Updated: May 18
"Oh No - Why the Bike Dr - Can't I do Something Else"
When the Dr Says after an injury - get on a bike - we all drop our shoulders and sigh knowing that the bike is not a fun tool of rehab - but knowing that this is going to be getting you stronger and fitter - he has your best interests at heart.
A patient gave me this title - The bike being the necessary evil - knowing it inst fun but the benefits outweigh any negatives associated with this cardio machine.
Don't shoot this idea down too quickly - try the bike and get into the habit - you will see the benefits of 30 min at low to moderate training (if cleared by the orthopaedic surgeon and your biokineticist) and improvements in leg strength and overall strength.
Riding a stationary bike not only provides an effective cardiovascular workout, but it also strengthens several of the major muscle groups. This is necessary as a form of cross training - allowing the legs to strengthen without loading the joint with ground reaction forces. This allows less wear and tear on the joints, but also preserves the joint for future use.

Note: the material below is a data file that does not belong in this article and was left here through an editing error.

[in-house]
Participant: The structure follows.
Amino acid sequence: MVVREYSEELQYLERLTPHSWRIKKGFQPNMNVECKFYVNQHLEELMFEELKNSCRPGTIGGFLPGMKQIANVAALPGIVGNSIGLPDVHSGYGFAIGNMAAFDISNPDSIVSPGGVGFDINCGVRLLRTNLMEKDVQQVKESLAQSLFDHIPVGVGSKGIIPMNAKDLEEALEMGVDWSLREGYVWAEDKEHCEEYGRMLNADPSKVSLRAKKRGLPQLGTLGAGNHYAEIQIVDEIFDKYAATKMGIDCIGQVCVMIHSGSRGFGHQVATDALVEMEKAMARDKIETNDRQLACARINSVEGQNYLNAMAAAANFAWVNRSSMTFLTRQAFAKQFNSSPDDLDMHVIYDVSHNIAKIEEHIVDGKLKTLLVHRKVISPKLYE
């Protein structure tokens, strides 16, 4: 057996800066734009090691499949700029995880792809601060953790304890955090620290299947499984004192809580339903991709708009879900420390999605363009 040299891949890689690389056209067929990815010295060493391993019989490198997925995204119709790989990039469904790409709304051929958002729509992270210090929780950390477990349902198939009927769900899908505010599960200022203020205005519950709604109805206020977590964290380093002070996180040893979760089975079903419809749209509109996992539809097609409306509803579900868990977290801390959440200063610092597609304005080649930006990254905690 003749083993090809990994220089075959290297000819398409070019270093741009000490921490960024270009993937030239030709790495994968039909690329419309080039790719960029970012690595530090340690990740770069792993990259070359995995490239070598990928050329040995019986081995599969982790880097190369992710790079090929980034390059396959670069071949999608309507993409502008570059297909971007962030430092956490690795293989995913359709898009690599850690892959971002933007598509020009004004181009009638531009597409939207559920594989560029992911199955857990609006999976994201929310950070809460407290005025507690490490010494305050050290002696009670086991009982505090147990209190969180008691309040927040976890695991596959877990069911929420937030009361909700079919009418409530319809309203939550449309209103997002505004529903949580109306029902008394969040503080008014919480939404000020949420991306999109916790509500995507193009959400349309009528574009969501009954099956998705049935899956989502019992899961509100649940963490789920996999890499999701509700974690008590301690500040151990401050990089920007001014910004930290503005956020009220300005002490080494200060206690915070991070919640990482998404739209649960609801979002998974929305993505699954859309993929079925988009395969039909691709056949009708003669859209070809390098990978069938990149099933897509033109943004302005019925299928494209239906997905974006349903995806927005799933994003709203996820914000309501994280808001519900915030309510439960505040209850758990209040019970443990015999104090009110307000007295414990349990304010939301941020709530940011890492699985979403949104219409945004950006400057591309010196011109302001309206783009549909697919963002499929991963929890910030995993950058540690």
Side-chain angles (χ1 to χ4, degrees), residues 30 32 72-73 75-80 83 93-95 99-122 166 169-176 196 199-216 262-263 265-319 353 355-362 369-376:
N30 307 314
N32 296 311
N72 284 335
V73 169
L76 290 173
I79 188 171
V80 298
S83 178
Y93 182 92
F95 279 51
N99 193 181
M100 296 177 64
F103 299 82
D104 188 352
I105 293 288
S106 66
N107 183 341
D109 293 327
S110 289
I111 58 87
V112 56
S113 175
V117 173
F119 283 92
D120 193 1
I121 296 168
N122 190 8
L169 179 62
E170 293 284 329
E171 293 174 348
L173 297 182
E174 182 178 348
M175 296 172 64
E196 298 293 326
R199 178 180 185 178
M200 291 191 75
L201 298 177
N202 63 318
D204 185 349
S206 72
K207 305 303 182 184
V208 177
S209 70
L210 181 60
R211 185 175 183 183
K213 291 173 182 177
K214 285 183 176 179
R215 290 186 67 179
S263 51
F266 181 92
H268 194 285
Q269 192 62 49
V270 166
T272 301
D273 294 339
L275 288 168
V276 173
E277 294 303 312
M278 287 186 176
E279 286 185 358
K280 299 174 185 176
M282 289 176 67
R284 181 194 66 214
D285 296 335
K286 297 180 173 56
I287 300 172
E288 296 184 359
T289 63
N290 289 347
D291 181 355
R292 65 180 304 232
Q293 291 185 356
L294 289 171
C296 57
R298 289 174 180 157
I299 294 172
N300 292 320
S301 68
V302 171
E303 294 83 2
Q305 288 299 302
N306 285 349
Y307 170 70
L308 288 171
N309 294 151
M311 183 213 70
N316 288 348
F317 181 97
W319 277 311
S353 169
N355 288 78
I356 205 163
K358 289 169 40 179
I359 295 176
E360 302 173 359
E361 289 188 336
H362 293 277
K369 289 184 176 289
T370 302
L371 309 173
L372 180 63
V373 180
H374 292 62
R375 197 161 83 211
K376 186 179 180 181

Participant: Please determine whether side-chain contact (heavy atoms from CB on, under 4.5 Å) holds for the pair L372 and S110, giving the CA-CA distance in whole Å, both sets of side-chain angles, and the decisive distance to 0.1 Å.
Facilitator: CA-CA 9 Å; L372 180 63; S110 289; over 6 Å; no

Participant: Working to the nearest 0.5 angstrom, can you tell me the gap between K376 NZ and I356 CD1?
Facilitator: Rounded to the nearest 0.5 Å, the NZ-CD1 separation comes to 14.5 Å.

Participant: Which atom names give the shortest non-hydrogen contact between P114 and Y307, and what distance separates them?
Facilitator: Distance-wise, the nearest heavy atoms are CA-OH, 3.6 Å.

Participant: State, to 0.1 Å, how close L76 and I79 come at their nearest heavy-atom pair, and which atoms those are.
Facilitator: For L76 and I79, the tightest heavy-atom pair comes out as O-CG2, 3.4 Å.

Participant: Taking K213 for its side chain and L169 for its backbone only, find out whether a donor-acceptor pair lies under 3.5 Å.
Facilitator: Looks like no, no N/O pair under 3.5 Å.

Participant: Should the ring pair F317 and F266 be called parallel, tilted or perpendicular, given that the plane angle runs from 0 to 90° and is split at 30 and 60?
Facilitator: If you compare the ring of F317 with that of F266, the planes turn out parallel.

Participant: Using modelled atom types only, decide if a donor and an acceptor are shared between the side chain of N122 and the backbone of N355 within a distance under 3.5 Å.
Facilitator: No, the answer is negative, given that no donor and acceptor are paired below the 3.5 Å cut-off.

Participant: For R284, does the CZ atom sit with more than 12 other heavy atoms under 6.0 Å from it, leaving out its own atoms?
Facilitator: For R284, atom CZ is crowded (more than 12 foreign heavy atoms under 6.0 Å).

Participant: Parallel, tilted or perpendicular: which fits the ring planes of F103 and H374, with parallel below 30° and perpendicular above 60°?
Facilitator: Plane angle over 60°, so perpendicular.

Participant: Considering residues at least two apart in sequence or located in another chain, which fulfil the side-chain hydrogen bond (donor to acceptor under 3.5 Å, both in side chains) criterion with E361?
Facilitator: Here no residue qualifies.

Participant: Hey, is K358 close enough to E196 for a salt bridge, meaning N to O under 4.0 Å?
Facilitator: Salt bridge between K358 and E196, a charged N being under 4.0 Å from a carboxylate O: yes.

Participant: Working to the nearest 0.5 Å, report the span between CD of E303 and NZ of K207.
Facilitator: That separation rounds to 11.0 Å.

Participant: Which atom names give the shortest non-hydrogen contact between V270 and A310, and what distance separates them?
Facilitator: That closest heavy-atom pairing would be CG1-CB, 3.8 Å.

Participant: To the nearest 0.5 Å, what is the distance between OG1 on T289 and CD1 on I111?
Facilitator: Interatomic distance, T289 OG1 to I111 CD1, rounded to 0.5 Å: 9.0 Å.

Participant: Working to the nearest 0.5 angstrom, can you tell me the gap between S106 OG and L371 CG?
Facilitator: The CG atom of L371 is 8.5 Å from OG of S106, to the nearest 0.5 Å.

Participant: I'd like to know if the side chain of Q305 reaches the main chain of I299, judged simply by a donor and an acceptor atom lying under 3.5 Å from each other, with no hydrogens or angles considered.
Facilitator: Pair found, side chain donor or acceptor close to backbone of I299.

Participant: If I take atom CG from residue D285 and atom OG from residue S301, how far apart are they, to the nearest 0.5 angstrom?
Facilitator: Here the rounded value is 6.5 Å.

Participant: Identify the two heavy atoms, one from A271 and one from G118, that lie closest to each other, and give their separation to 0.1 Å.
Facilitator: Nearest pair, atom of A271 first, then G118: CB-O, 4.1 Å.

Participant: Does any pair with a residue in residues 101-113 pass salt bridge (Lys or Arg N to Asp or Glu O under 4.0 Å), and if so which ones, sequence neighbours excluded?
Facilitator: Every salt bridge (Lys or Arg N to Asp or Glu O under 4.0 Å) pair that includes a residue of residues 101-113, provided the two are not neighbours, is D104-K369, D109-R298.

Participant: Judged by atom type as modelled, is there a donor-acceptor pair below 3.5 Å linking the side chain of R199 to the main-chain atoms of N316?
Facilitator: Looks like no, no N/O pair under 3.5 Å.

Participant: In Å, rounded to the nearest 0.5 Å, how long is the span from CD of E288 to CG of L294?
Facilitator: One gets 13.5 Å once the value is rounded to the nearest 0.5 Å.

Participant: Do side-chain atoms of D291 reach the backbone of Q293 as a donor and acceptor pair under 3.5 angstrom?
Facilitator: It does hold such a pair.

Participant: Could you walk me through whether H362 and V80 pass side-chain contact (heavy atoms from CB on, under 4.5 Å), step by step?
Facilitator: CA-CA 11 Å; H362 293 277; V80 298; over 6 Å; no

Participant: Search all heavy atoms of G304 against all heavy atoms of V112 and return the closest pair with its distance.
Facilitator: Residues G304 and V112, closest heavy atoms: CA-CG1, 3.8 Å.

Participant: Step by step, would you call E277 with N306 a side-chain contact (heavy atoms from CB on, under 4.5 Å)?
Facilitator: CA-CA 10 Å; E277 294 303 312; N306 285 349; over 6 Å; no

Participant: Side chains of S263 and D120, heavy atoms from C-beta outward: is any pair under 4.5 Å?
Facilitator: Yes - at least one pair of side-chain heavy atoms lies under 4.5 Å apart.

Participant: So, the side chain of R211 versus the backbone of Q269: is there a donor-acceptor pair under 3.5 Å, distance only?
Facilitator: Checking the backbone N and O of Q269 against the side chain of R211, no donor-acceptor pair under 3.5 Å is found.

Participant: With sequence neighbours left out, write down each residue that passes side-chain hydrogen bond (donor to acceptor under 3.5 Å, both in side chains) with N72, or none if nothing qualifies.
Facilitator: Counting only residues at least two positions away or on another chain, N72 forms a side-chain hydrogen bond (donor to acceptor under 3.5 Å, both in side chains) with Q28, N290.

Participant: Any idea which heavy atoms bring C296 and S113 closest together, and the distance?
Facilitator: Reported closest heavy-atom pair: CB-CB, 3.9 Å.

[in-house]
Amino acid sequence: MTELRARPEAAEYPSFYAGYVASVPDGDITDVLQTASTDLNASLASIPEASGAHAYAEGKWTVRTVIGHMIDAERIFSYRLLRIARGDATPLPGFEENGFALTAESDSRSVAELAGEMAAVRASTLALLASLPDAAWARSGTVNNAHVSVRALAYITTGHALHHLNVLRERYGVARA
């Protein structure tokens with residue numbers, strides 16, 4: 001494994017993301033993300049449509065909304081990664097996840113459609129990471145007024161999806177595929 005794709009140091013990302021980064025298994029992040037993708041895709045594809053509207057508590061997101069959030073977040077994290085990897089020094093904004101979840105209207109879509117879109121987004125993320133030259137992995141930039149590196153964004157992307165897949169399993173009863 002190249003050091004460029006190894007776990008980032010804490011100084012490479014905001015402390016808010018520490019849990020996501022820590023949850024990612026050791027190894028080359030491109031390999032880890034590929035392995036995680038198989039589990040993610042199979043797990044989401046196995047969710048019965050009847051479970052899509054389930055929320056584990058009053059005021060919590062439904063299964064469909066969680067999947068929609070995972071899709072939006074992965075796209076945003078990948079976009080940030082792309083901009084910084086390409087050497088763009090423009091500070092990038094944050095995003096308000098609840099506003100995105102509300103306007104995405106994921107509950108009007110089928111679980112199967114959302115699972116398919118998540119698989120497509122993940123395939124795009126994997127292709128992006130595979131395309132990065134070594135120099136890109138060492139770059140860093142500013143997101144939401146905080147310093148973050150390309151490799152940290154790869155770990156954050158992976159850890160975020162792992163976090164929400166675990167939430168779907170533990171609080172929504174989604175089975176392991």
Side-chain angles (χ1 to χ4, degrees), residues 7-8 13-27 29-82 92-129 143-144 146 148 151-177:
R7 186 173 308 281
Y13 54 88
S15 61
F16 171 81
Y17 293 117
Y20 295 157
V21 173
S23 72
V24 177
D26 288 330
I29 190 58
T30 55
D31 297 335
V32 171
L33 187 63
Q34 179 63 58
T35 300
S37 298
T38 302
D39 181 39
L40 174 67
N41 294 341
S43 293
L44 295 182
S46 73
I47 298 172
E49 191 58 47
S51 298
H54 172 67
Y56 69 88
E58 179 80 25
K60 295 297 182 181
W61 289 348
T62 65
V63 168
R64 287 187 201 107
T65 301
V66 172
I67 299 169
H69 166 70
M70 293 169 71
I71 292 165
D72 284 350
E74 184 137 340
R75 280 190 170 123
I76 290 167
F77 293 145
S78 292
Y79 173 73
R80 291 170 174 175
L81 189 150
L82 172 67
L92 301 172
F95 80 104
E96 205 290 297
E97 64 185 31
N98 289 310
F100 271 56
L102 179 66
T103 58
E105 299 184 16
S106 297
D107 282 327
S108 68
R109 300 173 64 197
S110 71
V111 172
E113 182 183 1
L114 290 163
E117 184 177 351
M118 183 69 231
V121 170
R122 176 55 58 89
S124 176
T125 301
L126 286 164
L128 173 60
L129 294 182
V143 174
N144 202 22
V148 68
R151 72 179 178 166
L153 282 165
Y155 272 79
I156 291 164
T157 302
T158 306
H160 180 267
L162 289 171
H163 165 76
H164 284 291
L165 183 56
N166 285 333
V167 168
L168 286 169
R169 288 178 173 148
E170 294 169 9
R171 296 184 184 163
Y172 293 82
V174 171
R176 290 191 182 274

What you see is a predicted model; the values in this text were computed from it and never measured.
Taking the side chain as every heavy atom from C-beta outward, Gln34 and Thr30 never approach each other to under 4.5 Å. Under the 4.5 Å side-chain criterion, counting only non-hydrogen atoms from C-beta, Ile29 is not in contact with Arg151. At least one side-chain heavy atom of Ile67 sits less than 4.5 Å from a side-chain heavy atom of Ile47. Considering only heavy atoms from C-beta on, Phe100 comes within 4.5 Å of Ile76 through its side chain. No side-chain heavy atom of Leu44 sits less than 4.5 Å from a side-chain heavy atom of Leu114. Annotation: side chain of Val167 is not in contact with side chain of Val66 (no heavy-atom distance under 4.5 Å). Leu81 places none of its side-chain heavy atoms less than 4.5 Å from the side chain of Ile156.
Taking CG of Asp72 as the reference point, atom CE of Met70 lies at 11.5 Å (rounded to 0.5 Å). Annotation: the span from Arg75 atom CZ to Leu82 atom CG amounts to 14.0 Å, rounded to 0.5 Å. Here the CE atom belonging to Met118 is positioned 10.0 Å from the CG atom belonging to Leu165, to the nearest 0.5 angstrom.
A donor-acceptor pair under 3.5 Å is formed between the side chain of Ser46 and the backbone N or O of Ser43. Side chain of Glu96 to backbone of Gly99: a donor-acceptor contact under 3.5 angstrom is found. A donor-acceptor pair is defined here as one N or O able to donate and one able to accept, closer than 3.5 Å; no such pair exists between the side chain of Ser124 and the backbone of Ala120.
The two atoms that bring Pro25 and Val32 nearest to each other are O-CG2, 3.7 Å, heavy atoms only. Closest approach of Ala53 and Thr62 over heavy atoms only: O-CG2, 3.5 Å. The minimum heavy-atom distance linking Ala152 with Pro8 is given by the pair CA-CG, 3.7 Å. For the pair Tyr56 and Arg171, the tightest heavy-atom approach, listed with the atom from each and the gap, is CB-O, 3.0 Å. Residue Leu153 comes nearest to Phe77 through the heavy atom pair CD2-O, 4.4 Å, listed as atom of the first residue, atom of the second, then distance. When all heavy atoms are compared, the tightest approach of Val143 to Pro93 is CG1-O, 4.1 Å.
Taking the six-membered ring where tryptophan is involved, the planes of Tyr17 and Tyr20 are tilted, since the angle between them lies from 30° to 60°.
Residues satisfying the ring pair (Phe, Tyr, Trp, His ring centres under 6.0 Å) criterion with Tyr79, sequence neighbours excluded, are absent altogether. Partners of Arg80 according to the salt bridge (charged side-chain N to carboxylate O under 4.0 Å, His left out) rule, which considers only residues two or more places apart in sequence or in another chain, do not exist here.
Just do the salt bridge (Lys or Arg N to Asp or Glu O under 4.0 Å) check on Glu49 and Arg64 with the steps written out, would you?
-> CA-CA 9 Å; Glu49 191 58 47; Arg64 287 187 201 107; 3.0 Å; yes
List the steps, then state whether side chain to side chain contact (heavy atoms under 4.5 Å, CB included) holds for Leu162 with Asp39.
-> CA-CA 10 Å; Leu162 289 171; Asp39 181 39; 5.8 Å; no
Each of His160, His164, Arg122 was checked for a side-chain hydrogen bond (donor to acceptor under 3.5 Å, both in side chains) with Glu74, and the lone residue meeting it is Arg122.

The Muscles used in cycling include the Upper legs and butt - These muscles play an important functional role in your body’s alignment. Strong glutes protect you from injury, improve athletic performance and give you a curvy shape
Strong glutes support the back. When your glutes aren’t activating as they should, your psoas muscle, a hip flexor that runs from the spine to the legs, takes over. An over stressed psoas causes back pain and compression in the lower lumbar vertebrae of the spine.
Using the glutes and the quads when cycling allows for greater recruitment patterns as well as great synchronisation of these power house movers.
The other muscles used are the lower legs - these being tje calf's predominantly. The calf's push and pull when you are cycling correctly and allows the entire lower limb chain to work effectively. Standing and sitting will allow the calf's to work in both movements that they were designed to so mix it up when cycling.
Core muscles are always activated and should be. Allowing correct posture and recruitment patterns allows the